Geo-specific 3D map data will be AR’s “unsung hero” as we’ve written. Using a combination of object recognition, mapping, localization and inertial odometry, AR can fulfill its promise.

Of course that’s a complicated set of tasks, and we’re not quite there yet. There’s a difference between today’s AR’s execution, and ARkit videos about navigating grocery stores and such. That vision requires product data, object recognition and geo-relevant 3D mapping among other things.

“3D map data is the scaffolding for the 21st century,” said Scape Co-Founder and CEO Edward Miller at the recent AWE Europe (video below).

Miller explains how humans have always tried to render the physical world through representative media. Another word for that is maps. In fact, the roots of the word “geography” are geo and graph… as in representing the physical earth’s layout through a 2D grid.

But one thing most maps have in common is their designated purpose to be understood by humans. As we enter the world of AR (and self driving cars for that matter), geographic data will need to be seen and understood by machines, also known as computer vision.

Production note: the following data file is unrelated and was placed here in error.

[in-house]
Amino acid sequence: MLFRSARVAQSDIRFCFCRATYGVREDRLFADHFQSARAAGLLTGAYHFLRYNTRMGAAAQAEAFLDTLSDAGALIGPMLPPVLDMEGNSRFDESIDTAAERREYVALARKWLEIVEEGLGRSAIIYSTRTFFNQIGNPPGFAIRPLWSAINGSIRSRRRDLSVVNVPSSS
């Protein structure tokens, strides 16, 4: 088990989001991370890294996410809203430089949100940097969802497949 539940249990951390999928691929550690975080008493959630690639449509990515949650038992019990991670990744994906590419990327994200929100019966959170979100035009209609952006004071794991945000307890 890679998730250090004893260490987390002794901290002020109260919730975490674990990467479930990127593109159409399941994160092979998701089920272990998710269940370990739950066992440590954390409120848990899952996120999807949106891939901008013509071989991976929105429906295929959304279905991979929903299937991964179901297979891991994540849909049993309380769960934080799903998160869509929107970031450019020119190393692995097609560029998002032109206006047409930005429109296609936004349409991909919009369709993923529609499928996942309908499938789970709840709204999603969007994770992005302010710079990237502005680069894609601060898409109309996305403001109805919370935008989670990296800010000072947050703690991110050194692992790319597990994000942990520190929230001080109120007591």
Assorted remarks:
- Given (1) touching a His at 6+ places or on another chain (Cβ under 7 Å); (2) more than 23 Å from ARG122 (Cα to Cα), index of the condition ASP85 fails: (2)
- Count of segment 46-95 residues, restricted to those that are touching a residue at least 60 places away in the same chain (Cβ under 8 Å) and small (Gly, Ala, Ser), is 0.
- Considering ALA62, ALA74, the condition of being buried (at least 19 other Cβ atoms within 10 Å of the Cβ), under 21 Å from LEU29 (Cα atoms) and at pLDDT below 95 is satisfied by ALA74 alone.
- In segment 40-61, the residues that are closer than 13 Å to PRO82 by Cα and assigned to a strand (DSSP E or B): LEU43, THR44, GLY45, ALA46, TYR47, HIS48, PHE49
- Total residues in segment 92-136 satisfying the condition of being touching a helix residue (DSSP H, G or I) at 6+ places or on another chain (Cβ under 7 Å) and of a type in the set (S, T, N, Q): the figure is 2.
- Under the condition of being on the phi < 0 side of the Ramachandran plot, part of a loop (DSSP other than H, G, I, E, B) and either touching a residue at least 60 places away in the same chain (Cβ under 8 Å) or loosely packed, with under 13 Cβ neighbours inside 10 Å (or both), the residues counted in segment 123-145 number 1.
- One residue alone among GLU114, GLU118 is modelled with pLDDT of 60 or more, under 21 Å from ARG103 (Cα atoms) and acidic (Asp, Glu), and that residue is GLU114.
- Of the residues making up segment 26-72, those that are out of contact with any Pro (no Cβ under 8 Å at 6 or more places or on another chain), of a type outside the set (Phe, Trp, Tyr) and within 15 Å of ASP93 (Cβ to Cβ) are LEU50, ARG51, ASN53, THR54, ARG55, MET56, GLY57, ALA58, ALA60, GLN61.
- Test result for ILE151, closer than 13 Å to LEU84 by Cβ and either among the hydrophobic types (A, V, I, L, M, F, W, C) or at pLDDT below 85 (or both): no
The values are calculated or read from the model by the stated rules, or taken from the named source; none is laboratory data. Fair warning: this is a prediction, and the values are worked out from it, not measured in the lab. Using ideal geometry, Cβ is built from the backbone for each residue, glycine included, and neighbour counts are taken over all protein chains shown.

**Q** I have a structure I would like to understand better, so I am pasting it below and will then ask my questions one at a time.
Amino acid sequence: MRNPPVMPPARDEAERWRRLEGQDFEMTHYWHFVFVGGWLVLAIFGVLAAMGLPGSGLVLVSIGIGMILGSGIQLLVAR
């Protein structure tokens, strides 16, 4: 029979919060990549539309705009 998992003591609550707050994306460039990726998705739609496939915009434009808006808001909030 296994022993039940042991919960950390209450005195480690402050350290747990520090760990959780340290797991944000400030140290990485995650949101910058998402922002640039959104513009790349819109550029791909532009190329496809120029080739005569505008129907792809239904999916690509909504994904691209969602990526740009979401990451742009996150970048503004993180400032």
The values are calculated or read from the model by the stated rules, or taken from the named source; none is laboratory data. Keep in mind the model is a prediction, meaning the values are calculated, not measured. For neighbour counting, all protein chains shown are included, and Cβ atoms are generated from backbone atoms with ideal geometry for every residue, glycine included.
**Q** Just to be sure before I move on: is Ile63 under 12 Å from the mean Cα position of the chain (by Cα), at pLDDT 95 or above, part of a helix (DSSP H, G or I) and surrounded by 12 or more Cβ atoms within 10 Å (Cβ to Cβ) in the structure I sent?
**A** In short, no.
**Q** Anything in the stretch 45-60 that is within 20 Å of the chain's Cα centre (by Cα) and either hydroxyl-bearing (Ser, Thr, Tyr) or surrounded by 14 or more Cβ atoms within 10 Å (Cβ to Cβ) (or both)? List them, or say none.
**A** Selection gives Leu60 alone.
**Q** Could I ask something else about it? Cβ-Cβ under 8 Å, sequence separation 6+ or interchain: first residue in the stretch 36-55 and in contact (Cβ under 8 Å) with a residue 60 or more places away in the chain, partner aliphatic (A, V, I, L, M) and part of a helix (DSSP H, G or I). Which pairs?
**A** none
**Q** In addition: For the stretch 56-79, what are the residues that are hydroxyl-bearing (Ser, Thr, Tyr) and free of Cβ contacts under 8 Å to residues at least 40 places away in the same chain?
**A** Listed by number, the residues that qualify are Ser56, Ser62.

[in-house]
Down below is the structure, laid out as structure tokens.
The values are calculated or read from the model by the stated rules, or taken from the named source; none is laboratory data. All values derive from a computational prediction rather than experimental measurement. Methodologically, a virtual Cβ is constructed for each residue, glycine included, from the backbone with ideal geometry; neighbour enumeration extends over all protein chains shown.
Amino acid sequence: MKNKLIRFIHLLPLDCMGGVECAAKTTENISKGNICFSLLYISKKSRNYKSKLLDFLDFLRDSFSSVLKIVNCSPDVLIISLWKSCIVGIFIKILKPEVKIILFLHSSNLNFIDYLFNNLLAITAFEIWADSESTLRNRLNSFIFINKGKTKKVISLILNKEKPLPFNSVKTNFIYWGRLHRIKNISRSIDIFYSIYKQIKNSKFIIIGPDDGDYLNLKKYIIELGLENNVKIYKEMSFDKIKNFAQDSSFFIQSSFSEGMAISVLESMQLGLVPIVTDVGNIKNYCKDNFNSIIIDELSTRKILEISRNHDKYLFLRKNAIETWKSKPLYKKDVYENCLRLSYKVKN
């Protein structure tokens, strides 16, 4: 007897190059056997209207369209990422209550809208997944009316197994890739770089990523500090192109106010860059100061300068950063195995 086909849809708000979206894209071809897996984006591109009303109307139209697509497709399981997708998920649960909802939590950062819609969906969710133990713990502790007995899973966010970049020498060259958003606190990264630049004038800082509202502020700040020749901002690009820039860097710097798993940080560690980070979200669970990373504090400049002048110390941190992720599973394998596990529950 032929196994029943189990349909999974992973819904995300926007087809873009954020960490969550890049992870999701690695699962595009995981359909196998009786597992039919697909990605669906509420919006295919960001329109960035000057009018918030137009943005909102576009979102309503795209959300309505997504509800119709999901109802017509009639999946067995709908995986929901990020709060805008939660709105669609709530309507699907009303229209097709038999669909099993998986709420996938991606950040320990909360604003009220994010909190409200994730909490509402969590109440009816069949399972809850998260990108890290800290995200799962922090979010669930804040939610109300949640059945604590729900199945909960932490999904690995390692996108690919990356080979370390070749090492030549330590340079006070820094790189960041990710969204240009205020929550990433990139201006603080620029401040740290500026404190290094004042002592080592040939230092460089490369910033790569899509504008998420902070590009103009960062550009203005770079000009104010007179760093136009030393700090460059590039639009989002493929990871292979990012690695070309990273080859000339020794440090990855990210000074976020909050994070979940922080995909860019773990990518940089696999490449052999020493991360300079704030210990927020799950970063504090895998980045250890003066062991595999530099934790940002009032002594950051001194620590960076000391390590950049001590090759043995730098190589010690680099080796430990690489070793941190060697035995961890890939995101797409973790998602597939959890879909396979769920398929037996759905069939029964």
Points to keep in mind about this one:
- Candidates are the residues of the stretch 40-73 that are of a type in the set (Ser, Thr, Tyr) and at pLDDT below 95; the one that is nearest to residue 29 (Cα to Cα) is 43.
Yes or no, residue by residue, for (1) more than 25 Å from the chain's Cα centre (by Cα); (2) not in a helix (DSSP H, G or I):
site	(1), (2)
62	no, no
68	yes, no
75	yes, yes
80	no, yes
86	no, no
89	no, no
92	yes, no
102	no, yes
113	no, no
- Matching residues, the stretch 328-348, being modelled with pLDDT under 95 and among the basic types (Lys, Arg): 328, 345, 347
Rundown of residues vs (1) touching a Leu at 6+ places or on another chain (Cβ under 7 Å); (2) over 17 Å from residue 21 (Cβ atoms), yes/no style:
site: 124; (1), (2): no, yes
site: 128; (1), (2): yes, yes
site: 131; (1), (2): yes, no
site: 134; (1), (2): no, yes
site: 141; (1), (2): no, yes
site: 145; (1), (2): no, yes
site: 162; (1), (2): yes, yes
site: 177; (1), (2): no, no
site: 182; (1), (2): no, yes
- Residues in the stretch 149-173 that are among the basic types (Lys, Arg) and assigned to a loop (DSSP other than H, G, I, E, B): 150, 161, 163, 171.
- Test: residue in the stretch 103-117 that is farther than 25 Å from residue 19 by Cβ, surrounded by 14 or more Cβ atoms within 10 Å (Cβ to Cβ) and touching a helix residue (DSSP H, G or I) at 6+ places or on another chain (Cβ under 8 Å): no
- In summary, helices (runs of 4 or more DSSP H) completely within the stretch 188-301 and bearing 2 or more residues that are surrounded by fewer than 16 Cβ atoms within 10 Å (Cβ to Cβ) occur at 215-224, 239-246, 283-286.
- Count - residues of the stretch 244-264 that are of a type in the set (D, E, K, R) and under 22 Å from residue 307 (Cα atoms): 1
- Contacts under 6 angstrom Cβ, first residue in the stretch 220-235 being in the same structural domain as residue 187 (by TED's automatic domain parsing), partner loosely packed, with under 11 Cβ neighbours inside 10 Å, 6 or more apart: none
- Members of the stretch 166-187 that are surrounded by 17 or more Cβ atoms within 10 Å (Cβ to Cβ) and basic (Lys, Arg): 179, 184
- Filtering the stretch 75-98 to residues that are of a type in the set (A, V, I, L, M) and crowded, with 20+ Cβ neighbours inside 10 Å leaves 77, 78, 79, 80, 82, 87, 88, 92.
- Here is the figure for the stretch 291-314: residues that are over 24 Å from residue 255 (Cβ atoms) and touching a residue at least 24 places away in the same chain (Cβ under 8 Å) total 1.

This leads to object recognition which is the “understanding” part. An AR device’s ability to understand its surroundings is enhanced by geo-relevant 3D mapping data that it can essentially match to what it’s seeing. This is one of the things separating true AR from heads up displays.

“We’ve got to have a one-to-one map of the world so we can precisely align 3D content with the physical world,” said Miller. “Because if we don’t know precisely where we are, the digital and physical world won’t align.”

This is a key part of what SuperVentures partner and AWE Conference lead Ori Inbar calls the AR cloud. Having that mapping data available in the cloud can help AR devices map the areas they enter (the M in SLAM), rather than exhaust compute muscle on already-chartered territory.

Beyond processing efficiency, it’s a matter of effectively matching anything a device sees to a database of 3D images. That enables any AR device to be a lot more powerful. Think of it sort of like marker-based AR, but for the world around us instead of a few recognized QR codes.

“We don’t want stuff like this where you’re augmenting cereal boxes or chocolate bars,” said Miller. “We want rich digital experiences overlaid onto the physical world. and that requires data… a huge amount of data.”

That’s the short and simplified version. For a more in depth narrative, check out Miller’s full presentation below.

For a deeper dive on AR & VR insights, see ARtillry’s new intelligence subscription, and sign up for the free ARtillry Weekly newsletter. 

Disclosure: ARtillry has no financial stake in the companies mentioned in this post, nor received payment for its production. Disclosure and ethics policy can be seen here.